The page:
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No respite for workers as firms step up salary cuts

By Wainaina Wambu | March 4th 2021

The Stanbic Kenya Purchasing Managers Index (PMI) fell to 50.9 in February from 53.2 in January, signalling the ongoing impact of the coronavirus pandemic on the economy that has seen households and businesses continue to cut spending.

“Kenyan firms continued to lower employee wages in February as the survey data indicated a fourth successive monthly decline in salary costs. Moreover, the rate of reduction accelerated to the fastest since July last year. Firms often commented on efforts to maintain their current workforce sizes amid a drop in revenues due to Covid-19,” said the survey released yesterday.

Despite job numbers going up in February, “reflecting higher levels of demand and outstanding work as well as future expansion plans,” the rate of job creation eased for the first time in three months.

“Roughly, seven per cent of the survey panel saw a rise in employment, whereas three per cent noted a decline,” said the PMI. New orders received by Kenyan firms went up only “modestly” during the month under review with business leaders expressing the “strongest optimism since June.”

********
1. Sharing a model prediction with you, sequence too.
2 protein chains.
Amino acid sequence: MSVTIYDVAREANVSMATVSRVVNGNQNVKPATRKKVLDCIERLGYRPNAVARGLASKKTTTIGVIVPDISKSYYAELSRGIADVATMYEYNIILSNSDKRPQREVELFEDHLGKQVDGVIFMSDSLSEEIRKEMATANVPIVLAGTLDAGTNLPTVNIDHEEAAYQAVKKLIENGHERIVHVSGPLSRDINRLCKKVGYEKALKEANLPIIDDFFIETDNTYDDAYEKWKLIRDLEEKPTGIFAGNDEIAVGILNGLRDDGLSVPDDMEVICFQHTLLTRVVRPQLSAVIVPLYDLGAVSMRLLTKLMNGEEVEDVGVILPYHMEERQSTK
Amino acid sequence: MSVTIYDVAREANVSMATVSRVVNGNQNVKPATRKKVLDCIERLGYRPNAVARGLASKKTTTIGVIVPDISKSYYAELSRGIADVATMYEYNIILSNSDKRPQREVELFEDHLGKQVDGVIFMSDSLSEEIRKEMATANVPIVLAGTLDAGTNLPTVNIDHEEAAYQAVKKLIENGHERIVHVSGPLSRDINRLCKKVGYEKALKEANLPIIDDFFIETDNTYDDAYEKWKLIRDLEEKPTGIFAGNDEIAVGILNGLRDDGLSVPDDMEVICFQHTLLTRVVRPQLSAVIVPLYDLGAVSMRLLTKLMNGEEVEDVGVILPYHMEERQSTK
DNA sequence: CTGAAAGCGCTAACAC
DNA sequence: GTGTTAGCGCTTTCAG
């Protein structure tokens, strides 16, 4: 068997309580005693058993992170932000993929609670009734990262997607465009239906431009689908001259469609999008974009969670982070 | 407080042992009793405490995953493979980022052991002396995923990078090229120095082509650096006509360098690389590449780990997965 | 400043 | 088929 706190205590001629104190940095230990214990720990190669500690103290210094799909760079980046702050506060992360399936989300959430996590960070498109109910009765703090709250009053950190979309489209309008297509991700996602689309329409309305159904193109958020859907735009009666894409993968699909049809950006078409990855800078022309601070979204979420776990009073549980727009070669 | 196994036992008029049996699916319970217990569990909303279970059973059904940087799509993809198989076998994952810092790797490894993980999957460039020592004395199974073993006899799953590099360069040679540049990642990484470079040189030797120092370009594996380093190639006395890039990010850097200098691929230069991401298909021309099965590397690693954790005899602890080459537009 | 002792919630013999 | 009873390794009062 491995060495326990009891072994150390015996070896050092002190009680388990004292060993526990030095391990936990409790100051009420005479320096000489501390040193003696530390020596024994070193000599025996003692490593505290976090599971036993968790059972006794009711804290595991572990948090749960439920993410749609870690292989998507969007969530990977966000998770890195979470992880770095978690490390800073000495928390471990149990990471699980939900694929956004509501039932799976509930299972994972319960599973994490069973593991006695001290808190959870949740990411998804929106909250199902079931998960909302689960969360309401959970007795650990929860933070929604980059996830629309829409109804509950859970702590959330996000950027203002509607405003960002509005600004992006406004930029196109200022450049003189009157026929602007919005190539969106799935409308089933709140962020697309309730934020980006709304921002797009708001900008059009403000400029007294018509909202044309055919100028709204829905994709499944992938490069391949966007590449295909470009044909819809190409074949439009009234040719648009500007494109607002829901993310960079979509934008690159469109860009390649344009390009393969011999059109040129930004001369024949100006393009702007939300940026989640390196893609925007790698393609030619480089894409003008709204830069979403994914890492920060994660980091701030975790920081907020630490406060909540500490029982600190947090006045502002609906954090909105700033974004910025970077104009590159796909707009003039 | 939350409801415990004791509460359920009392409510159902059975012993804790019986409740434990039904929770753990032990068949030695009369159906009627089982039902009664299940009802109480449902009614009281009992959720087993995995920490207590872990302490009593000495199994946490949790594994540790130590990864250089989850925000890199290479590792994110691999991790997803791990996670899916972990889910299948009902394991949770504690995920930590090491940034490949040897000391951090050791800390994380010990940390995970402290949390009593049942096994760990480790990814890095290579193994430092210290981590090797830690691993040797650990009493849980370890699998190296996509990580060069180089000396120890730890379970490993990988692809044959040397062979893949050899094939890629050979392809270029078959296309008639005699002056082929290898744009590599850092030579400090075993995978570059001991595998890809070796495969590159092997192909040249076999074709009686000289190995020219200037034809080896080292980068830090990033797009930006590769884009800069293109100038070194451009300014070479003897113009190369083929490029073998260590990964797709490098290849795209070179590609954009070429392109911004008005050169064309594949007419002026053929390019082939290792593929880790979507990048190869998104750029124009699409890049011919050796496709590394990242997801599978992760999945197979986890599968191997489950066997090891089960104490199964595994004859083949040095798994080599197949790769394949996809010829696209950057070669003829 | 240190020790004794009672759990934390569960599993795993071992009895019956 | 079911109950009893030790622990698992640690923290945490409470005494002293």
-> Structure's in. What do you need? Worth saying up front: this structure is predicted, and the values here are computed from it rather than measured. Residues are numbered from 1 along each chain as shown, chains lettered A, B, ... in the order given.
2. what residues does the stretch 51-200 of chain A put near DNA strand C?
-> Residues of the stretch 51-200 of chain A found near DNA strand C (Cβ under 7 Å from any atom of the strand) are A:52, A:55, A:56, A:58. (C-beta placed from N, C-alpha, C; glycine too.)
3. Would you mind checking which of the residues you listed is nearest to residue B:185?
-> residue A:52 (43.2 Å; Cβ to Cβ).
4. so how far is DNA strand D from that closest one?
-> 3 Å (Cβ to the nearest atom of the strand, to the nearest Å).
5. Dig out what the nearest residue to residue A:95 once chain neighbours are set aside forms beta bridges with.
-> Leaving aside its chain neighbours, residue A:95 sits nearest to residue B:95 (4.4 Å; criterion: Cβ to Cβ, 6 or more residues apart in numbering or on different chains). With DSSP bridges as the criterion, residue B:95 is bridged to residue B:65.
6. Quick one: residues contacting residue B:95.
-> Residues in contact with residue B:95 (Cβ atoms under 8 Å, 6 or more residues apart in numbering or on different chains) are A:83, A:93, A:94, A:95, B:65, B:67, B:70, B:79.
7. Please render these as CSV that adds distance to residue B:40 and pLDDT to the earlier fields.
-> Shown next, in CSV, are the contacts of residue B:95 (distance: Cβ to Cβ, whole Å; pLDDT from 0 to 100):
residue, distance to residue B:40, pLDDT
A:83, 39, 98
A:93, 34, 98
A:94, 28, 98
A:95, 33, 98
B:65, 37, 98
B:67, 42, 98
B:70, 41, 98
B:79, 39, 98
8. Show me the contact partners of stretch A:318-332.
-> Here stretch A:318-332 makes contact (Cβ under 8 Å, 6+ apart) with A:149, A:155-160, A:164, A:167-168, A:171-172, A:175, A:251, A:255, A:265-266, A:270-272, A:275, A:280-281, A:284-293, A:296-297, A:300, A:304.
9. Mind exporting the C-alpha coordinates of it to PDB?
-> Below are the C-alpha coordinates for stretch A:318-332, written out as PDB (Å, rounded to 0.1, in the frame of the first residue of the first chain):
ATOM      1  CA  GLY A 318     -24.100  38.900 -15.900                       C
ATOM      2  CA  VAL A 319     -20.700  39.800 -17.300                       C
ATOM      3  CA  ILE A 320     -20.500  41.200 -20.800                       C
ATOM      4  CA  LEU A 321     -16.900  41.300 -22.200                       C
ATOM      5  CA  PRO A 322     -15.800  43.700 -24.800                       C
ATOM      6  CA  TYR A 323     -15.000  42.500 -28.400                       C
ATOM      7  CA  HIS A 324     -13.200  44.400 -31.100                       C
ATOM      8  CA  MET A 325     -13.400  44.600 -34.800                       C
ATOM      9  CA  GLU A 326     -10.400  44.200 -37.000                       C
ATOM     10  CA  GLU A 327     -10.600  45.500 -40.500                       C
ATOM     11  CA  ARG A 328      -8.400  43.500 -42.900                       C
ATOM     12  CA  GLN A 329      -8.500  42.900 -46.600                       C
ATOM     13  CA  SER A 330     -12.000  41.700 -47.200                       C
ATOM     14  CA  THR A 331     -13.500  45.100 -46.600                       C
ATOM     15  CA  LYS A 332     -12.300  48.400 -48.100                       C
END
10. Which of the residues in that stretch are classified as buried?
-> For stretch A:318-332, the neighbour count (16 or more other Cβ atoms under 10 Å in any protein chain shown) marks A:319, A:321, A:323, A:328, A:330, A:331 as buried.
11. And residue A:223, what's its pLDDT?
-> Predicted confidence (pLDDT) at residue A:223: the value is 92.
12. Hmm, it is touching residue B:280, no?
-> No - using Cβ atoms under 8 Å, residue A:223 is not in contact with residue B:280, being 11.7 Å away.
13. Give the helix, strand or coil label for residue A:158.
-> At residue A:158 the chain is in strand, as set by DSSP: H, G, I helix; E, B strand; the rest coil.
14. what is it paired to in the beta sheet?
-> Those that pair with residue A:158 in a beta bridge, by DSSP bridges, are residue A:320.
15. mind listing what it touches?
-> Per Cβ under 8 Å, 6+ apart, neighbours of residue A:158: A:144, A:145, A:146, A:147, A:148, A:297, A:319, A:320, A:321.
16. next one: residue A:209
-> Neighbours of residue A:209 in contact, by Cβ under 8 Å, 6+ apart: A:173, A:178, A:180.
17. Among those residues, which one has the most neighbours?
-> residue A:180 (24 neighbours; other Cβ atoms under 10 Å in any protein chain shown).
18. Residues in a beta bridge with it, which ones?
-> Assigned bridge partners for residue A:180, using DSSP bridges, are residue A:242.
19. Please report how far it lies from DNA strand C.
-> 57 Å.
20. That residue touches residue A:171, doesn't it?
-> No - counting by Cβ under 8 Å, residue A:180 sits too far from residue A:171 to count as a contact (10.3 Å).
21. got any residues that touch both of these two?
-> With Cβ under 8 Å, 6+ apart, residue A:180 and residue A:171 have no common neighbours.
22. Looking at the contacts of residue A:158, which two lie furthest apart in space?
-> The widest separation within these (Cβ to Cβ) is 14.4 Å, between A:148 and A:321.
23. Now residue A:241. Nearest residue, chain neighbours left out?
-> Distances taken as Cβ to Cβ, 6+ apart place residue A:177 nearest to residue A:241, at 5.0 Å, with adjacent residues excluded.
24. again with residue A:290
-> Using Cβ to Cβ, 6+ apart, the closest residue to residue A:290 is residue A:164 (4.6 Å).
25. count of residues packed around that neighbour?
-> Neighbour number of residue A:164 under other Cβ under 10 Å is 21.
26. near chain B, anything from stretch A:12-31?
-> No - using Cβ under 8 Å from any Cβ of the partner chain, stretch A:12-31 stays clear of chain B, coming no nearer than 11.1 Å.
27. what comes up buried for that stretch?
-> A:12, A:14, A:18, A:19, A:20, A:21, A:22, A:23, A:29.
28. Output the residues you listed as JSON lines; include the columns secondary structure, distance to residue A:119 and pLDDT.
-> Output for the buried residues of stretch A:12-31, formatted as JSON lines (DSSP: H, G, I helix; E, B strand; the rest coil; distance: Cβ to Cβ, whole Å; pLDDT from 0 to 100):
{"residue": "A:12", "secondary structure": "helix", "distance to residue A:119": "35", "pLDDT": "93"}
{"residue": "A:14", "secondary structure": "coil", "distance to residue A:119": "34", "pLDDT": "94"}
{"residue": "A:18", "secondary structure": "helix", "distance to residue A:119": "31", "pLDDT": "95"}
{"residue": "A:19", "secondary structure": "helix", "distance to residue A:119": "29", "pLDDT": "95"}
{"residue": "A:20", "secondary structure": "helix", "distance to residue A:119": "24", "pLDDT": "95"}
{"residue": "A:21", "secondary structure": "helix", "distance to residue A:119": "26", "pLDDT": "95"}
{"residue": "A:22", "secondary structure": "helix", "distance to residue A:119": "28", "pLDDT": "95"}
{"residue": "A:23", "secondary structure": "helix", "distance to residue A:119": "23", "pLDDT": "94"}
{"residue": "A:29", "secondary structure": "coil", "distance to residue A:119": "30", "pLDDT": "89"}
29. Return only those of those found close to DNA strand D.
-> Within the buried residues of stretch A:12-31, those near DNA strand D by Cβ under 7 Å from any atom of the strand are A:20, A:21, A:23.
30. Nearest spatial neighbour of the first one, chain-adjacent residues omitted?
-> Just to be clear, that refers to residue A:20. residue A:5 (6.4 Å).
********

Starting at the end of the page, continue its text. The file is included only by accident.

“Economic activity picked up in January on account of an improvement in customer spending due to improving cash flows in the economy and the reopening of schools. These factors resulted in an increase in output and new orders,” said Stanbic Fixed Income and Currency Strategist Kuria Kamau.

“While inflationary pressures from the higher VAT and raw material shortages led to a steep rise in output prices. Firms are now more positive about an improvement in business conditions over the next 12 months than they were last month.”

The survey further showed that purchase prices rose steeply in February after the rate of inflation shot to the to a 28-month high owing to the recent increase in VAT.

Firms also reported material shortages, higher fuel costs and currency weakness. New export orders experienced the “softest rise” in the last eight months. 

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